RESULTS: Four themes were discussed: (1) reasons for stopping smoking, (2) the process of quitting smoking, (3) the wives’ attitudes toward smoking, and (4) the families’ attempts to make the (ex-)smokers quit. The most commonly cited reasons for quitting were family and personal motivation. The (ex-)smokers preferred to quit without assistance and in private. The wives’ attitude toward smoking ranged from dislike to tolerance, and most did not know when their husbands were trying to quit. Both husbands and wives reported that the wives did not influence the smoking cessation process.

CONCLUSION: Indonesian ex-smokers often had multiple reasons for quitting smoking. The process was typically difficult and kept private. While wives had little influence on the cessation process, they provided support and could institute a smoking ban in the house.

PMID:34335352 | PMC:PMC8316595 | DOI:10.3389/fpsyg.2021.618182

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Moderation of the Stressor-Strain Process in Interns by Heart Rate Variability Measured with a Wearable and Smartphone App: a Within-Subject Design Using Continuous Monitoring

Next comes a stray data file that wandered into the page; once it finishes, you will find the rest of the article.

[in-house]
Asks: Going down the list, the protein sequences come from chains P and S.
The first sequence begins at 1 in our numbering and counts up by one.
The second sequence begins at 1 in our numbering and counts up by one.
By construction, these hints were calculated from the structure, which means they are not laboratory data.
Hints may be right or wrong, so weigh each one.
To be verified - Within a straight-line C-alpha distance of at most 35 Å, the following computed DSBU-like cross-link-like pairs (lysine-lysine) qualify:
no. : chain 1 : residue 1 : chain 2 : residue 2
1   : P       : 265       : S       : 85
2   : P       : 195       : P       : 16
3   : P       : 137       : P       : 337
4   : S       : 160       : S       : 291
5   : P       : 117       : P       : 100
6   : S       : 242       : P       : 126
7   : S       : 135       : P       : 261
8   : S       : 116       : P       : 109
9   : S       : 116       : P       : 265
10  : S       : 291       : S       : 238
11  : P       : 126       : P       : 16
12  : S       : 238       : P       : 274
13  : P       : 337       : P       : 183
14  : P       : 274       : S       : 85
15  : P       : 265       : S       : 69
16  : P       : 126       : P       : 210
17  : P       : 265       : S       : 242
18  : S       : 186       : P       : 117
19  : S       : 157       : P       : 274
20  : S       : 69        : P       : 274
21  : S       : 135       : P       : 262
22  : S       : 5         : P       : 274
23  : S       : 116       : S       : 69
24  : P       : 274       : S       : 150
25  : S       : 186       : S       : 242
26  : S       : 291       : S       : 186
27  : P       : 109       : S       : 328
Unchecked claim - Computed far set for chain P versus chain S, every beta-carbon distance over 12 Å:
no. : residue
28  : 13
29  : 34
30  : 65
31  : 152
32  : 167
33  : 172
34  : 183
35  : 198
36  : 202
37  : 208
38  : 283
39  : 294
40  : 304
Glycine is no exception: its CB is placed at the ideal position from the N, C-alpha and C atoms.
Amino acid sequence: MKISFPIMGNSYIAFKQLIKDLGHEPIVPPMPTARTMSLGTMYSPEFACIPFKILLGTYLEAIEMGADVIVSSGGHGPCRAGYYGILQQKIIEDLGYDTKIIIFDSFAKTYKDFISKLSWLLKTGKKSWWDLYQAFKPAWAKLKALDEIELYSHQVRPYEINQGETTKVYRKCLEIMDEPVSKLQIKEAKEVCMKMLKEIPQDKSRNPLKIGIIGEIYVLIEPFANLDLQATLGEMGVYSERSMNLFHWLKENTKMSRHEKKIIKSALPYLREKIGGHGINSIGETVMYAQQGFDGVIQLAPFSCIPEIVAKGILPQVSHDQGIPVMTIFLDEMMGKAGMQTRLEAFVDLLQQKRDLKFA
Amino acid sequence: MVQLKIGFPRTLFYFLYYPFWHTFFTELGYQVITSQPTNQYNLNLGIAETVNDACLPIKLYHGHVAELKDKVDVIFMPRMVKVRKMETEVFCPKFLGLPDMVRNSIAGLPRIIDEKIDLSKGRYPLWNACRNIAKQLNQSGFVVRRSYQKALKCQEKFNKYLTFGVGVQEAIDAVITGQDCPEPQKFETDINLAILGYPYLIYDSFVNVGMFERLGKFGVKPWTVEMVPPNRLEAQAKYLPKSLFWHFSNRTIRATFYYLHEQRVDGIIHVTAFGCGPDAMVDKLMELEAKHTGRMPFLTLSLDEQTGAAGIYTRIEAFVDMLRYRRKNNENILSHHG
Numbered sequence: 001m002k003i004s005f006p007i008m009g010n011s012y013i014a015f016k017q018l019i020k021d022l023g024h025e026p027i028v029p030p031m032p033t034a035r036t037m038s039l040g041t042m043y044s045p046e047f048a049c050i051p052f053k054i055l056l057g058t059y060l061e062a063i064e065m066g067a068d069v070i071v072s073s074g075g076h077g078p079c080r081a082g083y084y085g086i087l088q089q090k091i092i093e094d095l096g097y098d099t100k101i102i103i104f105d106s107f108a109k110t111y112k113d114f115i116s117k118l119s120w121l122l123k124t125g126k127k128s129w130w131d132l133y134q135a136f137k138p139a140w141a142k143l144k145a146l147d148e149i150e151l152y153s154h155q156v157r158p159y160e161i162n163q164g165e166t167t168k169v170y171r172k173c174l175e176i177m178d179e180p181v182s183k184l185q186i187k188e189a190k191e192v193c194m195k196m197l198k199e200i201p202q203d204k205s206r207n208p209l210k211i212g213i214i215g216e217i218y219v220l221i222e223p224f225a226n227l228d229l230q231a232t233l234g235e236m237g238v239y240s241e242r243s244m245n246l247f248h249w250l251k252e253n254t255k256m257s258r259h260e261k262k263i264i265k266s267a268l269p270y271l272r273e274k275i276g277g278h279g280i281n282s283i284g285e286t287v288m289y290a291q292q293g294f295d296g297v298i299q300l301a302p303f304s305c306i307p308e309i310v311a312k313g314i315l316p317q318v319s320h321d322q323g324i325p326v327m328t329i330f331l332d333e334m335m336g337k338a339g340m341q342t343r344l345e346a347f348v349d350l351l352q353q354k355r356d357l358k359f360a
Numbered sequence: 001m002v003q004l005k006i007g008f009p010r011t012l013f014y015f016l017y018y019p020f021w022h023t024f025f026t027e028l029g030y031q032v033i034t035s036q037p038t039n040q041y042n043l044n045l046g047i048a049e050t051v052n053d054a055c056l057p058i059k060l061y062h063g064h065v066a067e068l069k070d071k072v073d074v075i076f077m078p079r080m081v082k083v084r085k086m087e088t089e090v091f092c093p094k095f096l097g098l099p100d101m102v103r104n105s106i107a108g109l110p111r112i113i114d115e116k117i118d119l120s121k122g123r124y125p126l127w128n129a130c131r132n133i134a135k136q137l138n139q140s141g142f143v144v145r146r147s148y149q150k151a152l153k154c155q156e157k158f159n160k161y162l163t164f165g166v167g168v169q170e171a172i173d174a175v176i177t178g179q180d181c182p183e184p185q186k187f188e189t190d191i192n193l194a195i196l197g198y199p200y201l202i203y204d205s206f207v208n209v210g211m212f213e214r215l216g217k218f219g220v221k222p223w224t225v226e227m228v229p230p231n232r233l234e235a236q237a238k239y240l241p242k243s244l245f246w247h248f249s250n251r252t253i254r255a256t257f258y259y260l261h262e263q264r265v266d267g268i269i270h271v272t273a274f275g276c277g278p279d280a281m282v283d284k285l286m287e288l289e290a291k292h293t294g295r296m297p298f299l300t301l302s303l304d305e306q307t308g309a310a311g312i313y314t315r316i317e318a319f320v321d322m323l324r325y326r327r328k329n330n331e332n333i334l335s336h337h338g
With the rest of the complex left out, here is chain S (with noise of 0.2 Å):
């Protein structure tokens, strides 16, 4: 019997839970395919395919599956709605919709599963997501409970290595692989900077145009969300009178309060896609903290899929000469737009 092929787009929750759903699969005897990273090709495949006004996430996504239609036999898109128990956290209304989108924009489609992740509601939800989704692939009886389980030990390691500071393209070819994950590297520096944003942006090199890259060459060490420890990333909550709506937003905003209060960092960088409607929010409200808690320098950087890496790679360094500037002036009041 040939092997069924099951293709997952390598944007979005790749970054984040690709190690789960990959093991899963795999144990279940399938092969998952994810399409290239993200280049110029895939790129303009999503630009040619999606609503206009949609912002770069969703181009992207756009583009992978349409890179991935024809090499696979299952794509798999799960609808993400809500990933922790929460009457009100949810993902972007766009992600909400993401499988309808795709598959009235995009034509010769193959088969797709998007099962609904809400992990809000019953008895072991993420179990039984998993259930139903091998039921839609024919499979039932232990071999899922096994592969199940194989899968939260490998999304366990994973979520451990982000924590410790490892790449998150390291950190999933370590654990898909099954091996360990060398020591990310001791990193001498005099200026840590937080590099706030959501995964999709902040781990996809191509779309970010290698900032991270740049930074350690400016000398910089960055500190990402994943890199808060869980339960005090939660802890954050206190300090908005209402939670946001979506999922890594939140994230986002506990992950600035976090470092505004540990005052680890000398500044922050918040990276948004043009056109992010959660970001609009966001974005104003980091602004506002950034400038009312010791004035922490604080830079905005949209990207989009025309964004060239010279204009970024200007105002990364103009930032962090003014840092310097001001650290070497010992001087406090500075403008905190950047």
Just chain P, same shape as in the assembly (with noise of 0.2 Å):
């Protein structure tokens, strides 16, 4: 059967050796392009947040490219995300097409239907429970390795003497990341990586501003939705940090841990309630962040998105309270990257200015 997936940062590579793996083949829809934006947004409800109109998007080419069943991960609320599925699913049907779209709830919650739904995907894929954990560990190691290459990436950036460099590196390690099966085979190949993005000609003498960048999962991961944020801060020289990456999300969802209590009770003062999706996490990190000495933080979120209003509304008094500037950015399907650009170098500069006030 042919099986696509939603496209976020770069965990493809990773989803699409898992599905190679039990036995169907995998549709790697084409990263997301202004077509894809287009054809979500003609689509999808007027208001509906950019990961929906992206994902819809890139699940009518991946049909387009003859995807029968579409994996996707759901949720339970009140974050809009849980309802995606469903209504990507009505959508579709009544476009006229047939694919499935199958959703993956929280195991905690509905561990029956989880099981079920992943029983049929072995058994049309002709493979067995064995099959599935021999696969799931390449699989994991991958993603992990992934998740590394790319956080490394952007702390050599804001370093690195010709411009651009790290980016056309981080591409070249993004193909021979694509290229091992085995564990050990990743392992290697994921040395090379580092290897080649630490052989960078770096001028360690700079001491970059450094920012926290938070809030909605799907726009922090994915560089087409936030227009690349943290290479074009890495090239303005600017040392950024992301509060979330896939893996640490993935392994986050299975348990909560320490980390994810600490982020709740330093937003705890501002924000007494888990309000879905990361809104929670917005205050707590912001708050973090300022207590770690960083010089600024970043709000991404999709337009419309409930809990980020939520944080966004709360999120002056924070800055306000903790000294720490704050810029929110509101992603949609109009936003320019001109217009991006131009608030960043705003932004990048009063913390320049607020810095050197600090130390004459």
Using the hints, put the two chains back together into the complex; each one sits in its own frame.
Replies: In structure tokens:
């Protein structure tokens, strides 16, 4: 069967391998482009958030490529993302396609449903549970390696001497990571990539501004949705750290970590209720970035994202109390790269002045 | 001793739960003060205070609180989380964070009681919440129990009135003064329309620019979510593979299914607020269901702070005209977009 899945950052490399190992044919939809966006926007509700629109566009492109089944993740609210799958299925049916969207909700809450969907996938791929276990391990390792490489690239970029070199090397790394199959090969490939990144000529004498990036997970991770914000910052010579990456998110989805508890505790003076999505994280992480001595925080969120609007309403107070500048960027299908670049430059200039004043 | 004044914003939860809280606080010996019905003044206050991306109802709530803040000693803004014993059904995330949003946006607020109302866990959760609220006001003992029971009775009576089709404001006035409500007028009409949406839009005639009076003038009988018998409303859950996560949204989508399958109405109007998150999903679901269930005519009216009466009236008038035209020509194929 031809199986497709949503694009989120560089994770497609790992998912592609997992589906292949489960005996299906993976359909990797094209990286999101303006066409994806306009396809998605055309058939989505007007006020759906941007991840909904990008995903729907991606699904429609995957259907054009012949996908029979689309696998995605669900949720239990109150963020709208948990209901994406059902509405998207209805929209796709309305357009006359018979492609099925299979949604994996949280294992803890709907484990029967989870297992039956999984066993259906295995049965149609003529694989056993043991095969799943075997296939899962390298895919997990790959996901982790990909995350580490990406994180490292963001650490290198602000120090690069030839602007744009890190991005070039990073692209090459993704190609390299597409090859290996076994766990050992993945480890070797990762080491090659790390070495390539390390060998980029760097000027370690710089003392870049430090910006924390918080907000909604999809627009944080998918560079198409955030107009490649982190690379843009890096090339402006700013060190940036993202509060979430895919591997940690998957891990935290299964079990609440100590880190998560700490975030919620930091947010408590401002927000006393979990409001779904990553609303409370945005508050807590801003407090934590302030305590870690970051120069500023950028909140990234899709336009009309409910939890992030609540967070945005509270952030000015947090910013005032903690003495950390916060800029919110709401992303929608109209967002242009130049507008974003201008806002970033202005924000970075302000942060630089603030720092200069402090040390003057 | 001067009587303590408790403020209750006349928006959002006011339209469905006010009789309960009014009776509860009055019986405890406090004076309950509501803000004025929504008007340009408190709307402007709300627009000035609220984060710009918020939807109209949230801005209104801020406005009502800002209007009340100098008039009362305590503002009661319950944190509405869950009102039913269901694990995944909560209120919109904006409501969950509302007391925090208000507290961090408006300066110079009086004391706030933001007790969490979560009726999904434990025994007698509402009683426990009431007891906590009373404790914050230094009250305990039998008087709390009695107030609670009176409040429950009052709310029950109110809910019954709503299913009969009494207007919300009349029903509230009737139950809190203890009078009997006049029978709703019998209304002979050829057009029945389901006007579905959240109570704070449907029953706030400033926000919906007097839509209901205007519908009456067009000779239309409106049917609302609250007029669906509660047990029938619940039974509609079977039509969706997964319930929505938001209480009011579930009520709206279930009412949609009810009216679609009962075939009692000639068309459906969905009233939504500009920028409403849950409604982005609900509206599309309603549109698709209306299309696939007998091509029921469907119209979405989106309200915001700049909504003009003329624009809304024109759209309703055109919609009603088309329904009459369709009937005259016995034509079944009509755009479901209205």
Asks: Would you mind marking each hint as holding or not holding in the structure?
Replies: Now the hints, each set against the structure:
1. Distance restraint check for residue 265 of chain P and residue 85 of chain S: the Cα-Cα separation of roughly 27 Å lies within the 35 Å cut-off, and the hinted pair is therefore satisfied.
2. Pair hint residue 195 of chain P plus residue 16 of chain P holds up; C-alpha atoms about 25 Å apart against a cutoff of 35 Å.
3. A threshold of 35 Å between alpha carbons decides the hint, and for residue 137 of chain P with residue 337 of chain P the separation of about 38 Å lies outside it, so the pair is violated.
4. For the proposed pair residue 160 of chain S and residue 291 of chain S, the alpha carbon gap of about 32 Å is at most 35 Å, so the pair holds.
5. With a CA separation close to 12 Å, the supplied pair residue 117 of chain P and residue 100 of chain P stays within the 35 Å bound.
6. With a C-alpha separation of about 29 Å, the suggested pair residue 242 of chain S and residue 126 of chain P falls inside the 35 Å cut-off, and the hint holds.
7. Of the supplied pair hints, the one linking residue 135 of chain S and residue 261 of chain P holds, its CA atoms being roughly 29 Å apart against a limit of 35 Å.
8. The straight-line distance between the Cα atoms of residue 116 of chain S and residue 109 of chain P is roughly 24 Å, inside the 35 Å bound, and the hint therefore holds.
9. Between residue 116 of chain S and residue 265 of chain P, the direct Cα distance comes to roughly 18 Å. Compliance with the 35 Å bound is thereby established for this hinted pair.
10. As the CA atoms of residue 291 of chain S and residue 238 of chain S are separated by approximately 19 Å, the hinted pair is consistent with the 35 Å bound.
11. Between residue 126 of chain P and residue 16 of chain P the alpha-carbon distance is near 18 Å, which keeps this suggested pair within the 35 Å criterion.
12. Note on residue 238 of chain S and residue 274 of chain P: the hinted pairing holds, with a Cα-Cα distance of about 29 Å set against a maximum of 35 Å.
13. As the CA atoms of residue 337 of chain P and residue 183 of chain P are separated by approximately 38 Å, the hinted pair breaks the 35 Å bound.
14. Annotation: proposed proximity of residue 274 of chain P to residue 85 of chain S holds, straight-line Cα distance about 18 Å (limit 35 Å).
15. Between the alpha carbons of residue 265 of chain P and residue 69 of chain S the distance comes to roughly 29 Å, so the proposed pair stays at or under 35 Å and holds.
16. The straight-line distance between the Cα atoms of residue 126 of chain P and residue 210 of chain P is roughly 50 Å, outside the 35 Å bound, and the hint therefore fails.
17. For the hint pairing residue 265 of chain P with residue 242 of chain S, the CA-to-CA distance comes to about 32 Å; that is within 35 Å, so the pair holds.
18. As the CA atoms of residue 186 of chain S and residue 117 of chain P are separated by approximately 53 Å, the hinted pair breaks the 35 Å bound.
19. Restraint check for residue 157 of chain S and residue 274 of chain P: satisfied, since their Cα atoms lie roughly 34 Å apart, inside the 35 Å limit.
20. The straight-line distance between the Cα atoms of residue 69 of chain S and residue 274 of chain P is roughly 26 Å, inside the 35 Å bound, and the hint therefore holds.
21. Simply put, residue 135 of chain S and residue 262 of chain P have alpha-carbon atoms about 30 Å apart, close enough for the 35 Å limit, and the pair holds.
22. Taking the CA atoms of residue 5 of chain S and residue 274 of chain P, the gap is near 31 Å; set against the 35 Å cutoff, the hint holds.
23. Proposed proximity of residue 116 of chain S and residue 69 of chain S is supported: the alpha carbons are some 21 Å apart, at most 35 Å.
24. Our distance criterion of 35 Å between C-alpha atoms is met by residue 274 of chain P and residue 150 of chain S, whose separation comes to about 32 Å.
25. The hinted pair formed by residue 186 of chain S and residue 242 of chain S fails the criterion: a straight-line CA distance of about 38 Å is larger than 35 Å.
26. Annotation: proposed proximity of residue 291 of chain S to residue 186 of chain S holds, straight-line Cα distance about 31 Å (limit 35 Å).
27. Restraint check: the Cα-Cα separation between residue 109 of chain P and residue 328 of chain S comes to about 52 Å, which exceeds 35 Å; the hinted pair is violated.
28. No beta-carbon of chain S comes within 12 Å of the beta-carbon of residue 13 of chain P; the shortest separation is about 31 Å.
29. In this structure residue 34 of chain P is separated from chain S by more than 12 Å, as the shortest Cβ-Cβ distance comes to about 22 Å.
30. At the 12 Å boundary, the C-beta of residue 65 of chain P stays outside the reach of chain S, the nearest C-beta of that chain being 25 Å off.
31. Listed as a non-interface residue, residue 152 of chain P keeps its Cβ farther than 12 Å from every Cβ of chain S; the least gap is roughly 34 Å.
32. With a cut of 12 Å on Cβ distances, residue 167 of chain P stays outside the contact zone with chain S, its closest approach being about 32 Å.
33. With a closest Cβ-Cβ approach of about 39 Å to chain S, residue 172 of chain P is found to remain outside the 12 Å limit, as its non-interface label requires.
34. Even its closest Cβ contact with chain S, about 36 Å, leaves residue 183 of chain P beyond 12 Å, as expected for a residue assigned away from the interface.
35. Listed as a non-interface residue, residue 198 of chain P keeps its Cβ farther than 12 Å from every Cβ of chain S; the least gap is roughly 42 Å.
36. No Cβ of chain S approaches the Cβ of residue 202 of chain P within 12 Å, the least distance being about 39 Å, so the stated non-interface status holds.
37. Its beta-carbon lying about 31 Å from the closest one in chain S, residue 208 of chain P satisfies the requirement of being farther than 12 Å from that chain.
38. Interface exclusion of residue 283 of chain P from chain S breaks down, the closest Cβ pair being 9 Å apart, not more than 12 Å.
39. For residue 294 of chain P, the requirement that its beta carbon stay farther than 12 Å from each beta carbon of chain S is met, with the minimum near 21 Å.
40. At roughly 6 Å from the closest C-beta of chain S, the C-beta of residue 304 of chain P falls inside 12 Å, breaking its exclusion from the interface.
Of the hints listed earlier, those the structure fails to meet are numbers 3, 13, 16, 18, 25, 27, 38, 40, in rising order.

JMIR Cardio. 2021 Jul 27. doi: 10.2196/28731. Online ahead of print.


BACKGROUND: The emergence of smartphones and wearable sensor technologies enables opportunities to easily and unobtrusively monitor physiological and psychological data related to an individual’s resilience. Heart Rate Variability (HRV) has promise as a biomarker for resilience based on between-subject population studies, but observational studies that apply a within-subject design and use wearable sensors in order to observe HRV in a naturalistic context of real-life are needed.

OBJECTIVE: This study explores whether resting HRV and Total Sleep Time (TST) are indicative of and predictive for the within-day accumulation of the negative consequences of stress and mental exhaustion. The tested hypotheses are that (1) demands are positively associated with stress and resting HRV buffers against this association, (2) stress is positively associated with mental exhaustion and resting HRV buffers against this association, (3) stress negatively impacts subsequent-night Total Sleep Time (TST) and (4) prior-evening mental exhaustion negatively impacts resting HRV, while prior-night TST buffers against this association.

METHODS: Twenty-six interns used consumer-available wearables (Fitbit Charge 2 and Polar H7), a consumer-available smartphone app (Elite HRV), and an Ecological Momentary Assessment (EMA) smartphone app to collect resilience-related data on resting HRV, TST, as well as perceived demands, stress and mental exhaustion on a daily basis during 15 weeks.